To be successful as a craft brewery in today’s world requires more than just quality beer. Brewers now need to rely on buzz-worthy terminology to attract buyers, and one that is popular right now is “dry-hopped.” But, what is a dry-hopped beer? Though it’s used as a buzzword when marketing craft beer, dry-hopped beer is not a new technique, and it’s quite simple to explain.
What is a dry-hopped beer?
Dry-hopped beer is that which has had an additional supply of hops added into the wort after it has been transferred to the fermentation vessel. The hops could be added early on in the fermentation process or could be added at a later stage of fermentation. The amount of hops, and the point at which the hops are added into the fermenting wort are two primary variables that will impact the resulting flavor that comes from dry-hopping.
See Also: What are hops in beer?
Why are beers dry-hopped?
When it comes to brewing, it’s all about experimentation and making subtle changes to create a desirable end result. Traditionally, hops are added during the boiling process of brewing. When hops are added early in the boil, they are called bittering hops and add to the overall bitterness of the final beer.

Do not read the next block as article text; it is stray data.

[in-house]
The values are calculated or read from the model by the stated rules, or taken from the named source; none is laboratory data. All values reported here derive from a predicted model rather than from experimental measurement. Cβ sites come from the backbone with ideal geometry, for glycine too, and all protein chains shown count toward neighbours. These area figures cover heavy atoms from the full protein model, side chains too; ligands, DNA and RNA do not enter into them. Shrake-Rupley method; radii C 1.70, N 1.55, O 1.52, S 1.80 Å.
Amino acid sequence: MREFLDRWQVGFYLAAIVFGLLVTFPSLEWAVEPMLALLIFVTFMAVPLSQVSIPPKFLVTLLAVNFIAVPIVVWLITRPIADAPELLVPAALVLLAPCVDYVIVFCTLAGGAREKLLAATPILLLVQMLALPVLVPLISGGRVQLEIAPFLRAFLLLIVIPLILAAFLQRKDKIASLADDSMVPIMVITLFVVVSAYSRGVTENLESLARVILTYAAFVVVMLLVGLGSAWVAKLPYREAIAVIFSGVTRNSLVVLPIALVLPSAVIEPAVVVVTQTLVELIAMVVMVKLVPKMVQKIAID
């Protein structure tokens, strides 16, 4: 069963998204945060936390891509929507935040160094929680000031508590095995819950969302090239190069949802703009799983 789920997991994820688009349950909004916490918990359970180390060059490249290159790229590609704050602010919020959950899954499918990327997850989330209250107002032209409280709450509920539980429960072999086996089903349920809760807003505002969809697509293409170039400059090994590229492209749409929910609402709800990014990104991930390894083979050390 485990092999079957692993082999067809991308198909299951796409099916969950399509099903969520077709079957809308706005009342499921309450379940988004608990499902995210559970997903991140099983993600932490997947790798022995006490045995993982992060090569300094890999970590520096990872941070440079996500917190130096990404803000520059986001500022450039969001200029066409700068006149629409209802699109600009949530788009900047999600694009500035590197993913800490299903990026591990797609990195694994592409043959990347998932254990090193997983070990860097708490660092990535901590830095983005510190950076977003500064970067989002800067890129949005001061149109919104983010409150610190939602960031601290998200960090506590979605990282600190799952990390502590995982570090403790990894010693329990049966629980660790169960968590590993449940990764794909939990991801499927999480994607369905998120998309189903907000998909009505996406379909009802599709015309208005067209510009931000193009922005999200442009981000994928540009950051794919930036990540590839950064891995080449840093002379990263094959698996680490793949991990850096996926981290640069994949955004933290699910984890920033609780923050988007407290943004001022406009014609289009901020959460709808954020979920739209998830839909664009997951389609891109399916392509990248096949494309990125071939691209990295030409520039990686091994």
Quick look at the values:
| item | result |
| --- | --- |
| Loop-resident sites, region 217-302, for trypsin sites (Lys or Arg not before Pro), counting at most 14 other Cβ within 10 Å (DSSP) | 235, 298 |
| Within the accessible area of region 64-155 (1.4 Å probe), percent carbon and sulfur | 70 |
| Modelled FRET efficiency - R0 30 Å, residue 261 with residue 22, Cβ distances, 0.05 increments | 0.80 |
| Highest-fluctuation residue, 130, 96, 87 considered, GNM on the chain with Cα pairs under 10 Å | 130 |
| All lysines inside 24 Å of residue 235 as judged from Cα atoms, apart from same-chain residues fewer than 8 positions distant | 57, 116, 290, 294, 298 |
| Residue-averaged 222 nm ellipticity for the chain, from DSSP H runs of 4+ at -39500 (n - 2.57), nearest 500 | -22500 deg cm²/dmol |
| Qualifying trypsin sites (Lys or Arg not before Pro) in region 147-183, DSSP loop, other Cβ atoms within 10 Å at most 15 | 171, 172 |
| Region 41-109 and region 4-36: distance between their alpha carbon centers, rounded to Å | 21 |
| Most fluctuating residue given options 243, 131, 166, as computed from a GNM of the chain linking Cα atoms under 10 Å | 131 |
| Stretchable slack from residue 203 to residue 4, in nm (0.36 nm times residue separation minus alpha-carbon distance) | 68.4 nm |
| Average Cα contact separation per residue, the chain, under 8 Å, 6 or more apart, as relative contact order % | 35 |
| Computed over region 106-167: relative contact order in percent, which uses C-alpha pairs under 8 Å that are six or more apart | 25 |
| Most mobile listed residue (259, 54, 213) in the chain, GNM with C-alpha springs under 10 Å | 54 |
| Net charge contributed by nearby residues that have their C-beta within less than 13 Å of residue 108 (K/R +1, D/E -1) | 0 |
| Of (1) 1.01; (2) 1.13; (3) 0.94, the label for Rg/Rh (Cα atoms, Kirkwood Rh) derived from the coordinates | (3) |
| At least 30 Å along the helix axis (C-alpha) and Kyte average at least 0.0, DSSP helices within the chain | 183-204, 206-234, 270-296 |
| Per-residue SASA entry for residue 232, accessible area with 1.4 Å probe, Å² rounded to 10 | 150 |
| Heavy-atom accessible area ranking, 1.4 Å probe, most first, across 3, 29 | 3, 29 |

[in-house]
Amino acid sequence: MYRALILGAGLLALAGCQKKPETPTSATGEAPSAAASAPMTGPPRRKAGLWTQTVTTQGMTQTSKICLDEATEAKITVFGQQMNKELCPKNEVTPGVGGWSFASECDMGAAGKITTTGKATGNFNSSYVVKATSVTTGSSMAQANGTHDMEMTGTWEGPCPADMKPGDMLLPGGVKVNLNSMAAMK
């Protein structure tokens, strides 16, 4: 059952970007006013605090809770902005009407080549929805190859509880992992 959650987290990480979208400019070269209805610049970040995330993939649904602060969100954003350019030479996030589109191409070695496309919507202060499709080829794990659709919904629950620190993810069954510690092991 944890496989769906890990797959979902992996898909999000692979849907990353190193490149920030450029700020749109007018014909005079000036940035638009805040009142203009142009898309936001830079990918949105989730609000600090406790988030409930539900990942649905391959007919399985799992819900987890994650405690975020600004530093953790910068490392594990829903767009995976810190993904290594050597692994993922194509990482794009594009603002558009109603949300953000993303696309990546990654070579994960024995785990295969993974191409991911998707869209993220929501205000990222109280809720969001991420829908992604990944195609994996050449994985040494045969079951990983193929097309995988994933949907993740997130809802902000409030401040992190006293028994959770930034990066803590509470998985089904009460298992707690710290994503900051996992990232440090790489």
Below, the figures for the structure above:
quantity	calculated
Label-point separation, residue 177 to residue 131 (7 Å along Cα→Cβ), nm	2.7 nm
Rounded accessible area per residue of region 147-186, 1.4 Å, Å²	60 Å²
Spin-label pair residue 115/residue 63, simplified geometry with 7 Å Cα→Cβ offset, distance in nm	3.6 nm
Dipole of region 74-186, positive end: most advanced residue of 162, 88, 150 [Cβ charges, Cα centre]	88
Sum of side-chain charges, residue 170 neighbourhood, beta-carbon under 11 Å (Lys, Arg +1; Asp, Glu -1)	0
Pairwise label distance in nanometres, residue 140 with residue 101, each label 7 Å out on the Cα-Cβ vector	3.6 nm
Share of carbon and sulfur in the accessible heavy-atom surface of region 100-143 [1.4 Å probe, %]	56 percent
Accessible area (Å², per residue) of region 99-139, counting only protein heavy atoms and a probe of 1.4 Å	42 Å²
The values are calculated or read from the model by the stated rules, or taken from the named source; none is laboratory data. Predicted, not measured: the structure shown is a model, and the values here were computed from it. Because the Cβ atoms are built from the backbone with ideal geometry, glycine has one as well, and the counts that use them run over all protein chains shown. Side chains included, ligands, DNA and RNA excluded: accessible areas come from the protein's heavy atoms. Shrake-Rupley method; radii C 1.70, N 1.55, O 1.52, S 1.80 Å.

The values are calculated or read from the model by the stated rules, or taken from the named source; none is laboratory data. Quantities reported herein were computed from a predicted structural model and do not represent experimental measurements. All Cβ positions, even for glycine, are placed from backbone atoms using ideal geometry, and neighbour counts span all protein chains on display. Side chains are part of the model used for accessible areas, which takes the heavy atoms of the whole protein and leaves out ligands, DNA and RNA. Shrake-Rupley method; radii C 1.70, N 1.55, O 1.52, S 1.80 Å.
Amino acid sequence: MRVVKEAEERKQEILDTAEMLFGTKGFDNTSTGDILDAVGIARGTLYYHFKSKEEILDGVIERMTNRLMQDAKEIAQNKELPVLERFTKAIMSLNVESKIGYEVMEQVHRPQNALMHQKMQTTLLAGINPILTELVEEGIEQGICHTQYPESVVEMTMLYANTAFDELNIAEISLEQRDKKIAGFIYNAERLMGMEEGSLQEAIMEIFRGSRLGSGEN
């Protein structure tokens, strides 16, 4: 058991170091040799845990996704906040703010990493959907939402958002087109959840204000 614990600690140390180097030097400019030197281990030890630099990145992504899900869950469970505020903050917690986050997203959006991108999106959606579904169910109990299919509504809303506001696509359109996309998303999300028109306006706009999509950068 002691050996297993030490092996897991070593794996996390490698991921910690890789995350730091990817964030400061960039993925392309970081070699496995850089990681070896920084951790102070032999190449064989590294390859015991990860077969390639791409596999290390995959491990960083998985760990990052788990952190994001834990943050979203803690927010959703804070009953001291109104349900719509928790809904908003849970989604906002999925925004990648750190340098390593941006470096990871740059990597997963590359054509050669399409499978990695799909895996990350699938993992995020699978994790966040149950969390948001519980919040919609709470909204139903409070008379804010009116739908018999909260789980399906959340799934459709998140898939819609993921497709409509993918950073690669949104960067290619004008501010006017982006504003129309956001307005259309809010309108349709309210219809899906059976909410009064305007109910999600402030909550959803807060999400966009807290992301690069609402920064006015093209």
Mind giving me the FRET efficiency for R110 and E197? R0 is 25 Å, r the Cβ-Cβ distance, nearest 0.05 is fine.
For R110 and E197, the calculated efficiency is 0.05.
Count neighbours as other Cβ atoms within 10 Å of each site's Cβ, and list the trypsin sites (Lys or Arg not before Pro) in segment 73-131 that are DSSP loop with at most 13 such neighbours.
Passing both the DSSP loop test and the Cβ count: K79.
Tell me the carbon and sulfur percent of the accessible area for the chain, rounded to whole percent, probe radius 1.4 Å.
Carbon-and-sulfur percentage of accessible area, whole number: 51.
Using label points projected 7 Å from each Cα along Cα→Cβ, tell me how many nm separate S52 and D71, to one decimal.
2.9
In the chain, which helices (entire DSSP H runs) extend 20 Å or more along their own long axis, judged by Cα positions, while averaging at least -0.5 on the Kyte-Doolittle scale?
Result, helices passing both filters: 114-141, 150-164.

When added to the boil with only a few minutes remaining in that stage of the process, they are called aroma hops and really only create a difference in the overall aroma of the finished beer. Brewers can experiment with adding various amounts of hops at different times in the process to achieve the flavor and aroma profiles that they desire.
"Dry-hopping gives brewers another opportunity to create a unique flavor profile."
Similarly, dry-hopping gives brewers another opportunity to create a unique flavor profile and almost supercharge the hoppy flavor and aroma of the beer. Depending on the type of hops used for dry-hopping, the technique may result in a floral or tropical effect on the aroma. The good news is, dry-hopping beer does not add to the overall bitterness of the beer, as the bittering actually occurs during the boil when the alpha acids of the hops are converted into iso-alpha acids.
Popular Dry-Hopped Beers
Whether they are marketed as such or not, there are many popular craft beers that employ the technique of dry-hopping. Here are some that you may have had had or seen on the shelves:
So, while the term “dry-hopped” has become almost a popular and marketable buzz word, you can now see that there is a real technique behind the name. Not only does a dry-hopped beer appeal to an audience of enthusiasts who can’t get enough of that hop flavor and aroma, but it gives brewers another means of experimentation and another variable by which they can tweak and really hone in on a specific flavor profile.
Which dry-hopped beers do you like best? Do you prefer the punchy hop aromas of dry-hopped beer, or do you like to keep it to a minimum? Let us know in the comments below, and be sure to check out our other beer-related posts to learn more about craft beer!